Lymphoma of the Skin

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After Treatment TOPICS

What happens after treatment for lymphoma of the skin?

For some people with skin lymphoma, treatment may remove or destroy the cancer. Completing treatment can be both stressful and exciting. You may be relieved to finish treatment, but find it hard not to worry about the lymphoma growing or coming back. (When cancer comes back after treatment, it is called recurrence.) This is a very common concern in people who have had cancer.

It may take a while before your fears lessen. But it may help to know that many cancer survivors have learned to live with this uncertainty and are living full lives. Our document Living With Uncertainty: The Fear of Cancer Recurrence, gives more detailed information on this.

For many people, the lymphoma may never go away completely. These people may get regular treatments with chemotherapy, radiation therapy, or other therapies to help keep the lymphoma in check for as long as possible. Learning to live with lymphoma as more of a chronic disease can be difficult and very stressful. It has its own type of uncertainty.

Follow-up care

Whether you have completed treatment or are still being treated, your doctors will still want to watch you closely with regular physical exams, blood tests, and possibly imaging tests. It is very important to keep all of your follow-up appointments.

You may need to have frequent blood tests to monitor your bone marrow function, to check that you have recovered from treatment, and to look for possible signs of disease recurrence. Rarely, blood cell counts can become abnormal as a long-term side effect of chemotherapy. If chemo damages the bone marrow, a disease called myelodysplasia can occur. In some cases this may even lead to acute leukemia.

The choice of other tests depends on the type, location, and extent of your lymphoma. If lymph nodes or other organs are affected, CT scans may be used to measure the size of any remaining tumor masses. PET scans may be done if your doctors aren’t sure if an abnormal area on a CT scan is an active lymphoma or scar tissue.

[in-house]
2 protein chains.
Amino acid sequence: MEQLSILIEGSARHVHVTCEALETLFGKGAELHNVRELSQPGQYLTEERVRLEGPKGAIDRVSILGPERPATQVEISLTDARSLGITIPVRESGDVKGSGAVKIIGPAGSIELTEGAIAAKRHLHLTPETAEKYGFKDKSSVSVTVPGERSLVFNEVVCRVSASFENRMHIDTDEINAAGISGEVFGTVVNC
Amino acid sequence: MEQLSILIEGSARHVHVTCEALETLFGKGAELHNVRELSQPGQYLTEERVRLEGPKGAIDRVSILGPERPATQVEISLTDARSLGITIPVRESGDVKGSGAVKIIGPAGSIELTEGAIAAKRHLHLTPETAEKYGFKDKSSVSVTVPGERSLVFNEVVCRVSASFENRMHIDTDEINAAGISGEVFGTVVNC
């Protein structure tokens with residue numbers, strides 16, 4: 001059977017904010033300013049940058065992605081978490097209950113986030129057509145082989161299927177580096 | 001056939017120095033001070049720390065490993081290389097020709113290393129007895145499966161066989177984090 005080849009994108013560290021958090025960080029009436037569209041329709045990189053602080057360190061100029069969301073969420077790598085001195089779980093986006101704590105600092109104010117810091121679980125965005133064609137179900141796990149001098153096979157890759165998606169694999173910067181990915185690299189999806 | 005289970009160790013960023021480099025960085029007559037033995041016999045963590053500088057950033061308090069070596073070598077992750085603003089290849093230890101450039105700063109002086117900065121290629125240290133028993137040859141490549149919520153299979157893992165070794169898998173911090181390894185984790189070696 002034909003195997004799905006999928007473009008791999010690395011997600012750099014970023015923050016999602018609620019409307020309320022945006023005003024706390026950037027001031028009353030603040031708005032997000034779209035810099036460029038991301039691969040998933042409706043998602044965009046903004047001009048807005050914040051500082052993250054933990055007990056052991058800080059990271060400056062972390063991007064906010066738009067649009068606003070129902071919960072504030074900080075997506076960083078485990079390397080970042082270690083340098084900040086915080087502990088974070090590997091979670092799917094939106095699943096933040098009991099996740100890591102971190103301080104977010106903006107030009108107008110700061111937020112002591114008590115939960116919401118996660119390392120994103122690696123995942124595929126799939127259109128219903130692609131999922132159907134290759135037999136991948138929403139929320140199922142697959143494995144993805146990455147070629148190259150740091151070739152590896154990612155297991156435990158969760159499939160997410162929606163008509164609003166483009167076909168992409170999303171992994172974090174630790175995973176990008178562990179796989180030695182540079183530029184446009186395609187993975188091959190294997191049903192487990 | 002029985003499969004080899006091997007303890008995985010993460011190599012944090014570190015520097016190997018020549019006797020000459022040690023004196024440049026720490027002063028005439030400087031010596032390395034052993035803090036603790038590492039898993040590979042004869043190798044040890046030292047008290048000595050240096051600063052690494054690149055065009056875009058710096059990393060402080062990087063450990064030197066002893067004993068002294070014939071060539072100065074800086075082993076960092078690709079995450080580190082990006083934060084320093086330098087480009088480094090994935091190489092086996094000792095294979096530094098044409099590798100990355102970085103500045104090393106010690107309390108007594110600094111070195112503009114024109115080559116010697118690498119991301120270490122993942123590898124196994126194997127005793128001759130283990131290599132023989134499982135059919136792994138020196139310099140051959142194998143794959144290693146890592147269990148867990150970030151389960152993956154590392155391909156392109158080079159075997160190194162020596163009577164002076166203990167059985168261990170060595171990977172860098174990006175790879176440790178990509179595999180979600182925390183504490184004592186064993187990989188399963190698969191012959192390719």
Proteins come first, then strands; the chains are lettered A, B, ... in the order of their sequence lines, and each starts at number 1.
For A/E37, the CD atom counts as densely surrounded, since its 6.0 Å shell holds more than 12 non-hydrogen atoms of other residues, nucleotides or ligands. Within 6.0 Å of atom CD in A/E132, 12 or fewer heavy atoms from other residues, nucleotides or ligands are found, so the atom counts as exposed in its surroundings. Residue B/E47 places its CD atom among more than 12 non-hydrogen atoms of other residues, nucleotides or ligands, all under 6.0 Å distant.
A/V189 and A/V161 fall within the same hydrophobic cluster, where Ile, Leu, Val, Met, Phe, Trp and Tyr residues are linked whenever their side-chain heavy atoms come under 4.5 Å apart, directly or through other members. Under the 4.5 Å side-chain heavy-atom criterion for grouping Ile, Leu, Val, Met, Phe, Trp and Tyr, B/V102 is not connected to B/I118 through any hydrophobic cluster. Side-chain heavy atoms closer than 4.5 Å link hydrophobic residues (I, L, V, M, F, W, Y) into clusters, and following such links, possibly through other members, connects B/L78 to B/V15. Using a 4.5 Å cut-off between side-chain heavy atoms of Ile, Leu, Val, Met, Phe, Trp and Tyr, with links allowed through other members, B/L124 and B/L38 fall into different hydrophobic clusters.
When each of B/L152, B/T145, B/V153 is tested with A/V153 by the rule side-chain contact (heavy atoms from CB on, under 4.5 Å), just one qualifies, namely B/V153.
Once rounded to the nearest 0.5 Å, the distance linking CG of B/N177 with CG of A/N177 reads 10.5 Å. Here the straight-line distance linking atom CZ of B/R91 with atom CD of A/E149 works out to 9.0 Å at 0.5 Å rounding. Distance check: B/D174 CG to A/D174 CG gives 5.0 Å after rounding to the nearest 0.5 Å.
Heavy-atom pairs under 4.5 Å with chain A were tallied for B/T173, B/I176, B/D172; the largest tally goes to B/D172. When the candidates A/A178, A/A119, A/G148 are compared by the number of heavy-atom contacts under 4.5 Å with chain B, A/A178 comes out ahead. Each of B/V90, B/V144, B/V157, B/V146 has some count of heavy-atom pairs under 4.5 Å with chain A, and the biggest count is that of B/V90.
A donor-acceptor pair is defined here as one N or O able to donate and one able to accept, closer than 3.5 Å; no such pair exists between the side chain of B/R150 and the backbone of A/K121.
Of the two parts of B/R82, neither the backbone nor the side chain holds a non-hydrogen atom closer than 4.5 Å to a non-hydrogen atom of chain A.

Almost any cancer treatment can have side effects. Some may last for a few weeks to several months, but others can be permanent. Tell your cancer care team about any symptoms or side effects that bother you so they can help you manage them.

If the lymphoma does come back at some point, further treatment will depend on where it recurs, what treatments you’ve had before, how long it’s been since treatment, and your overall health. For more information, see the section “What if the lymphoma keeps growing or comes back after treatment?” For more general information on dealing with a recurrence, you may also want to see our document When Your Cancer Comes Back: Cancer Recurrence.

Seeing a new doctor

At some point after your cancer diagnosis and treatment, you may find yourself seeing a new doctor who does not know anything about your medical history. It is important that you be able to give your new doctor the details of your diagnosis and treatment. Gathering these details soon after treatment may be easier than trying to get them at some point in the future. Make sure you have this information handy:

  • A copy of your pathology report(s) from any biopsies or surgeries
  • Copies of imaging tests (CT or MRI scans, etc.) or photographs, which can usually be stored on a CD, DVD, etc.
  • If you had surgery, a copy of your operative report(s)
  • If you stayed in the hospital, a copy of the discharge summary that doctors prepare when patients are sent home
  • If you had targeted therapy or chemotherapy, a list of the drugs, drug doses, and when you took them
  • If you had radiation therapy, a summary of the type and dose of radiation and when and where it was given

It is also important to keep health insurance. Tests and doctor visits cost a lot, and even though no one wants to think of their cancer coming back, this could happen.


Last Medical Review: 03/14/2013
Last Revised: 02/11/2014